Short-term loans are loans that should be repaid in 12 months or less. These loans likely don’t have a specific monetary prepayment fee outlined in their contract. They may instead be structured in a way that disincentivizes you from paying early, however.

Some short-term loan lenders may quote you a “factor rate” (or “buy rate”) rather than an interest rate. Don’t compare factor rate and interest rate—they aren’t the same thing.

Traditional term loans are amortizing, which means they’re gradually paid off in regular installments that are the same each month. Each payment is a combination of the outstanding principle and the interest on that principle.

What About Loans With Factor Rates?

Loans with factor rates, however, are structured differently. All of the interest is charged up front. Your factor rate is a multiplier that tells you how much you’ve been charged. This is an amount that will remain fixed no matter if you pay back early or not.

For example, a factor rate of 1.3 on a $10,000 loan means that you’ll pay $10,000 multiplied by 1.3, which is $13,000. You will owe your lender $13,000 regardless of whether you stick to your schedule. This excludes late payments, of course, which will hit you with late fees.

You might be considering merchant cash advances, which are also calculated with a factor rate. Additionally, keep in mind that though MCAs—which is when a lender advances you funds in exchange for a future cut of your daily credit card sales, plus fees—are a quick source of money, they can be extremely expensive and should only be considered as a last resort.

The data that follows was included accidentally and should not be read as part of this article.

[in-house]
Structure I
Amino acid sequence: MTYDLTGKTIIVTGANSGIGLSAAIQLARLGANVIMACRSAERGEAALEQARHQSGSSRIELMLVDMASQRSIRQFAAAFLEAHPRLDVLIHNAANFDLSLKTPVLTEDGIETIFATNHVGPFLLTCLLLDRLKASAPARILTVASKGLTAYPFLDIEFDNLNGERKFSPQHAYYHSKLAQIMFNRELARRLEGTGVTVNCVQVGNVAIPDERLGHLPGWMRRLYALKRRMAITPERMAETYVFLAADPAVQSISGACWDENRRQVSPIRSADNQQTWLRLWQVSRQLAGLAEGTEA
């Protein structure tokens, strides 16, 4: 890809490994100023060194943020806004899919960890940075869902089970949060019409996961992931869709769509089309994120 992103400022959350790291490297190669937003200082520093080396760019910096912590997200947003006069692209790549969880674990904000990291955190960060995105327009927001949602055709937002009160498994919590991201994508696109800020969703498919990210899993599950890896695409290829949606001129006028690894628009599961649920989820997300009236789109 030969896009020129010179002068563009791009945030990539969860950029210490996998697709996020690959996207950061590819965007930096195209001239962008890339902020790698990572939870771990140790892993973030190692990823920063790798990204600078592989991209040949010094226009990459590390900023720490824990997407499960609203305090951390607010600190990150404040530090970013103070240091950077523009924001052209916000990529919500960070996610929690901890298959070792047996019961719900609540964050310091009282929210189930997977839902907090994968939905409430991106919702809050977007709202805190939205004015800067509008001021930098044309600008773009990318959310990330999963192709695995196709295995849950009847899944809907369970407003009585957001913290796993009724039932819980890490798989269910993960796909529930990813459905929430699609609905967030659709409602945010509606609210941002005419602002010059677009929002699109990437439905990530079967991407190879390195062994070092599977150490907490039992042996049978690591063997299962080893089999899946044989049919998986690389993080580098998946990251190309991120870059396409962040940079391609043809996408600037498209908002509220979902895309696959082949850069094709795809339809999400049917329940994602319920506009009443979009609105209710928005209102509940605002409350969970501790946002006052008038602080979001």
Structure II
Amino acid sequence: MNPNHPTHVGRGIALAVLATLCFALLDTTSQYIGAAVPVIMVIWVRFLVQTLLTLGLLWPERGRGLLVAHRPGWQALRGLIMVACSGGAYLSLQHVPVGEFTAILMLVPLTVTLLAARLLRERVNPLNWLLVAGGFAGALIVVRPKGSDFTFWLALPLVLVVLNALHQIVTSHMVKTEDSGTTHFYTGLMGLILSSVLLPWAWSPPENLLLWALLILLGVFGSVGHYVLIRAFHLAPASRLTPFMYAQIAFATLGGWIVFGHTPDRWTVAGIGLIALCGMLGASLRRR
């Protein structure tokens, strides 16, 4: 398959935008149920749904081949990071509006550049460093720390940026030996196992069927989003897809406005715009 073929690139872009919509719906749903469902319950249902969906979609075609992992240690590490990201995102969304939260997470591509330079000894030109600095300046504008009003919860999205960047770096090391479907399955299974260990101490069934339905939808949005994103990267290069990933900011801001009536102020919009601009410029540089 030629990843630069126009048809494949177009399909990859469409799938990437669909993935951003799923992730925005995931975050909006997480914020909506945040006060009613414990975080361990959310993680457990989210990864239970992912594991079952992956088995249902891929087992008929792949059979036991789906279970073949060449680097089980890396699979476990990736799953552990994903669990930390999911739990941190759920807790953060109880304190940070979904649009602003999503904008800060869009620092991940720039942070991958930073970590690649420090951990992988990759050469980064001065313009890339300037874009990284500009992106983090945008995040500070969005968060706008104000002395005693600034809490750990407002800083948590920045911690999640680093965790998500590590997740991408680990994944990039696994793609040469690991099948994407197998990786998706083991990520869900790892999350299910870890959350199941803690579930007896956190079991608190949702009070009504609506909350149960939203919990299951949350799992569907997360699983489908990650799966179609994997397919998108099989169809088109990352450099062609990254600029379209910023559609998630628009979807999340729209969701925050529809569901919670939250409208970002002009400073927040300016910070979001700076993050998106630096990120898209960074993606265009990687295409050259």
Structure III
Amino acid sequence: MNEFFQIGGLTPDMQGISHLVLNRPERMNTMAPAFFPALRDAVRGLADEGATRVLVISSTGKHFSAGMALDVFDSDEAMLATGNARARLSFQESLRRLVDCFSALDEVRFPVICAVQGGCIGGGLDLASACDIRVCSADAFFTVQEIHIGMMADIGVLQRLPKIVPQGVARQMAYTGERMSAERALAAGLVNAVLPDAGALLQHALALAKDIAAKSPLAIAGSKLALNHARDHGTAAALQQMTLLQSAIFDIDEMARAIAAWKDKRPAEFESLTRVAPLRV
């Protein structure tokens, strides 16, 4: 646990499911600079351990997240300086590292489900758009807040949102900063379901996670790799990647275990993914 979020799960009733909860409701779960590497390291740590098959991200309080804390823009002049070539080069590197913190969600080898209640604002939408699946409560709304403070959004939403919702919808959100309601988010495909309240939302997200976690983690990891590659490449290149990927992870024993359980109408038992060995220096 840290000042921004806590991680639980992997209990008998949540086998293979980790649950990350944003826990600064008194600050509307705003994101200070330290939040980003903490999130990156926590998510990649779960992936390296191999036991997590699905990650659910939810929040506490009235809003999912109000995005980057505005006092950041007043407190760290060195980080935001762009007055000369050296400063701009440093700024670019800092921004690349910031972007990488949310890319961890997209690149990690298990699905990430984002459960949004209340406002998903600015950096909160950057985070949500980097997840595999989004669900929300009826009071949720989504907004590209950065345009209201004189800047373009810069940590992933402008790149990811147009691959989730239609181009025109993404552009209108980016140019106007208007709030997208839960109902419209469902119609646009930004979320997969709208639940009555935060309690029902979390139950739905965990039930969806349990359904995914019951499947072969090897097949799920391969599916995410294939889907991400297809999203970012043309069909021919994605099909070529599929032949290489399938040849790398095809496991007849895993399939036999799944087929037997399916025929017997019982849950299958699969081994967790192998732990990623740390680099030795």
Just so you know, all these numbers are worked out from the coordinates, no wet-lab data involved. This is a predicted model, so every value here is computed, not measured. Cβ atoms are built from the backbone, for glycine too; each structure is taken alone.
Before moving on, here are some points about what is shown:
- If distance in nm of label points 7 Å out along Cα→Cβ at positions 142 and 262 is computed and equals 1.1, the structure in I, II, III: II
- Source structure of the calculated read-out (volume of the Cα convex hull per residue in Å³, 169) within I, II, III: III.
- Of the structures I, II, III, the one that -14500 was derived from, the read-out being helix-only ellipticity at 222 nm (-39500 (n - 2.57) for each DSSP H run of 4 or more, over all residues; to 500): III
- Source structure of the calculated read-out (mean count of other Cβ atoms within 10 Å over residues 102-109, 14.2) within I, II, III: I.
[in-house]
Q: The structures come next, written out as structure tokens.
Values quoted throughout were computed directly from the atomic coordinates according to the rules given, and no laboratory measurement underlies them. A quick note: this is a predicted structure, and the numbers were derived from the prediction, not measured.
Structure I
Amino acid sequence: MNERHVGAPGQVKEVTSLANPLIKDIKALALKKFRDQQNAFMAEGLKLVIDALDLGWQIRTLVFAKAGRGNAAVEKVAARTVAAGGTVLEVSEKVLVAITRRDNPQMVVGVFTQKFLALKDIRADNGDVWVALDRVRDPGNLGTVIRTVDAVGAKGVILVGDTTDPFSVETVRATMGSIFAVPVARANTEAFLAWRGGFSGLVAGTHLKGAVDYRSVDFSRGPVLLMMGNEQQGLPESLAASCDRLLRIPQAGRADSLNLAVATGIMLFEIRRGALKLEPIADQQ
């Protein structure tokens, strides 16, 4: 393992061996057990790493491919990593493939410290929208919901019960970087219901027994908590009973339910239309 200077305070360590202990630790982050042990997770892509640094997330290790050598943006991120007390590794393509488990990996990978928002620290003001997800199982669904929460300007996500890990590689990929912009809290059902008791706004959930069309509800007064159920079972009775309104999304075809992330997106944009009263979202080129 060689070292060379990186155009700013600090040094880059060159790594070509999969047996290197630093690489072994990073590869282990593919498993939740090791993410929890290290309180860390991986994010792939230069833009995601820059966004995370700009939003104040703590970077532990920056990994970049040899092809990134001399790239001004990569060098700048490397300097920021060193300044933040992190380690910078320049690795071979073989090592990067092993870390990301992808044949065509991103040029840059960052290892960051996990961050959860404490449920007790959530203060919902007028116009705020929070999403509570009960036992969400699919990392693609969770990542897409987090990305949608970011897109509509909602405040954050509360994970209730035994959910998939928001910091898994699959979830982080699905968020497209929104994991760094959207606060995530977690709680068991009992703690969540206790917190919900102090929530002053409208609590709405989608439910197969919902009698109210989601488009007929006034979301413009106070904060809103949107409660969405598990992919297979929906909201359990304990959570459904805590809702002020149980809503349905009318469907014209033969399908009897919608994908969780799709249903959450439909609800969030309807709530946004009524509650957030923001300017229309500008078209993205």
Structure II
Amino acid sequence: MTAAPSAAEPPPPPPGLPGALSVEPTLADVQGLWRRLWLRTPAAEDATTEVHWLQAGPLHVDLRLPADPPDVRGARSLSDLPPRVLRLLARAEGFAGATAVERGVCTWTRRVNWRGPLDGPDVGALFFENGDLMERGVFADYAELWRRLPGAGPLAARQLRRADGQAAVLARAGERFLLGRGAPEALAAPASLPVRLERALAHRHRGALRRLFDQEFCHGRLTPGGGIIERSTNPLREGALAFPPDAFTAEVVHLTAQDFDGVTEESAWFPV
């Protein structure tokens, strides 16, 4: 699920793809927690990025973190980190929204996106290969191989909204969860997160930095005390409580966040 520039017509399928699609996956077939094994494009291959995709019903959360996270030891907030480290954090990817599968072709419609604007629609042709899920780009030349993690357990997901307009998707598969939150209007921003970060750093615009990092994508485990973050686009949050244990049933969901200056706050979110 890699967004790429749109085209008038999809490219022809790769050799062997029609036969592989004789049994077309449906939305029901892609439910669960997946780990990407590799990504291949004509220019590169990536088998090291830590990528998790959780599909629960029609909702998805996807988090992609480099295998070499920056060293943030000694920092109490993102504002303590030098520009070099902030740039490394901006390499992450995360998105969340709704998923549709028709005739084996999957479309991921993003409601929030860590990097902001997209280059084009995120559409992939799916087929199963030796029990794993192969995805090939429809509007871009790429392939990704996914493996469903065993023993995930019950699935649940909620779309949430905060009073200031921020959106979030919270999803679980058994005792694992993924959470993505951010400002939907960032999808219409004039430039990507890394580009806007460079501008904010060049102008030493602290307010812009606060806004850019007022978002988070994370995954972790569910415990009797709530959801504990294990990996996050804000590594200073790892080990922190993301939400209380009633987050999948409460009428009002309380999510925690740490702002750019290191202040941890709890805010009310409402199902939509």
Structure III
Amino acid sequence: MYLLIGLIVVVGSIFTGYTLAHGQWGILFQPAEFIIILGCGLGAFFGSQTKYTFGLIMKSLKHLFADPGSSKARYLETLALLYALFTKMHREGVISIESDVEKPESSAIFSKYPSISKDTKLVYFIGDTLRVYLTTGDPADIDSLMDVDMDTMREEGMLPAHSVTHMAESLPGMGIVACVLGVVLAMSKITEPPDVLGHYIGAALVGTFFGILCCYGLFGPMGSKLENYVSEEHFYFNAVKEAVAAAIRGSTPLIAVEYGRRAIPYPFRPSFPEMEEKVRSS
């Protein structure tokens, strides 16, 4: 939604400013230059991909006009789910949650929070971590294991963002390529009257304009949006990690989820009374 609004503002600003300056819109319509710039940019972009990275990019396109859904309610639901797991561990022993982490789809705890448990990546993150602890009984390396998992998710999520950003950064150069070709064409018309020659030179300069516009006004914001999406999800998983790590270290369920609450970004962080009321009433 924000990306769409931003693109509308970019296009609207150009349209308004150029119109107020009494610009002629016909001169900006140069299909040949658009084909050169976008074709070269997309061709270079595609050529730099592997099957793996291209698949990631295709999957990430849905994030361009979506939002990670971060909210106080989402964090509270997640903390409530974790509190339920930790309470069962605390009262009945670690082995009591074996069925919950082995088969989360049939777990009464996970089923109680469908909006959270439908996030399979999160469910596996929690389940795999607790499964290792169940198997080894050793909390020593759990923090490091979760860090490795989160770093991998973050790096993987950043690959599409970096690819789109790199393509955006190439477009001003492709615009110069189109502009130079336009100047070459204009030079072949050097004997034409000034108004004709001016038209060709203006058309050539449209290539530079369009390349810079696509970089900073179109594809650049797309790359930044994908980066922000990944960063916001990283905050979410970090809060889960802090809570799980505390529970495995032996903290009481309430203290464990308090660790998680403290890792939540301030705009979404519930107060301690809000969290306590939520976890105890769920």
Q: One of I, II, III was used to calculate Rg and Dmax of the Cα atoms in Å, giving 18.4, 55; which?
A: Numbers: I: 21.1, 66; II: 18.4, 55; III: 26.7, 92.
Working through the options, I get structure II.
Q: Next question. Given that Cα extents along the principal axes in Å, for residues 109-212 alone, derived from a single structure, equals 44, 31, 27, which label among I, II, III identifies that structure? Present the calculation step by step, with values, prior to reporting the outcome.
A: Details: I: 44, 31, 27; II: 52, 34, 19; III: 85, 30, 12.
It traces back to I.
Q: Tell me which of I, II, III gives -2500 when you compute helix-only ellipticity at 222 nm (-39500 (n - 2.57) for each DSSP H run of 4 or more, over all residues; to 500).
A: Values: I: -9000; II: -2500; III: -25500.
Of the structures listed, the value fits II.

If I don’t have a prepayment penalty, should I go ahead and pay off this loan?

Not always.

If you’ll save money on interest due to the way your loan is structured, and that savings is enough to make a difference to you, then by all means, paid it off.

But, think carefully before you move to wipe that loan off your books with this extra money. Is paying off your loan the best use of your extra funds?

Theoretically, you already have a plan for paying off this loan on the terms you were given. Could you keep paying your loan and instead use your extra money to bankroll a new online marketing campaign, get a deal on bulk inventory, or just keep in your rainy day fund in case of emergency?

Also remember that business loan payments are deductible on your tax returns. By paying off your loan entirely, you lose the ability to deduct the interest on your loan payments.

To Pay Off Your Loan Early, Or Not?

When it comes to paying off your loan early, either you’ll save on interest or you won’t. It all depends on the terms you agreed to when you took out funding in the first place. Do your due diligence before agreeing to any sort of financing. You will understand exactly what’s expected of you, no matter when you make your payments.

Meredith Wood is the Editor-in-Chief at Fundera, an online marketplace for small business loans that matches business owners with the best funding providers for their business. Prior to Fundera, Meredith was the CCO at Funding Gates. Meredith is a resident Finance Advisor on American Express OPEN Forum and an avid business writer. Her advice consistently appears on such sites as Yahoo!, Fox Business, Amex OPEN, AllBusiness, and many more.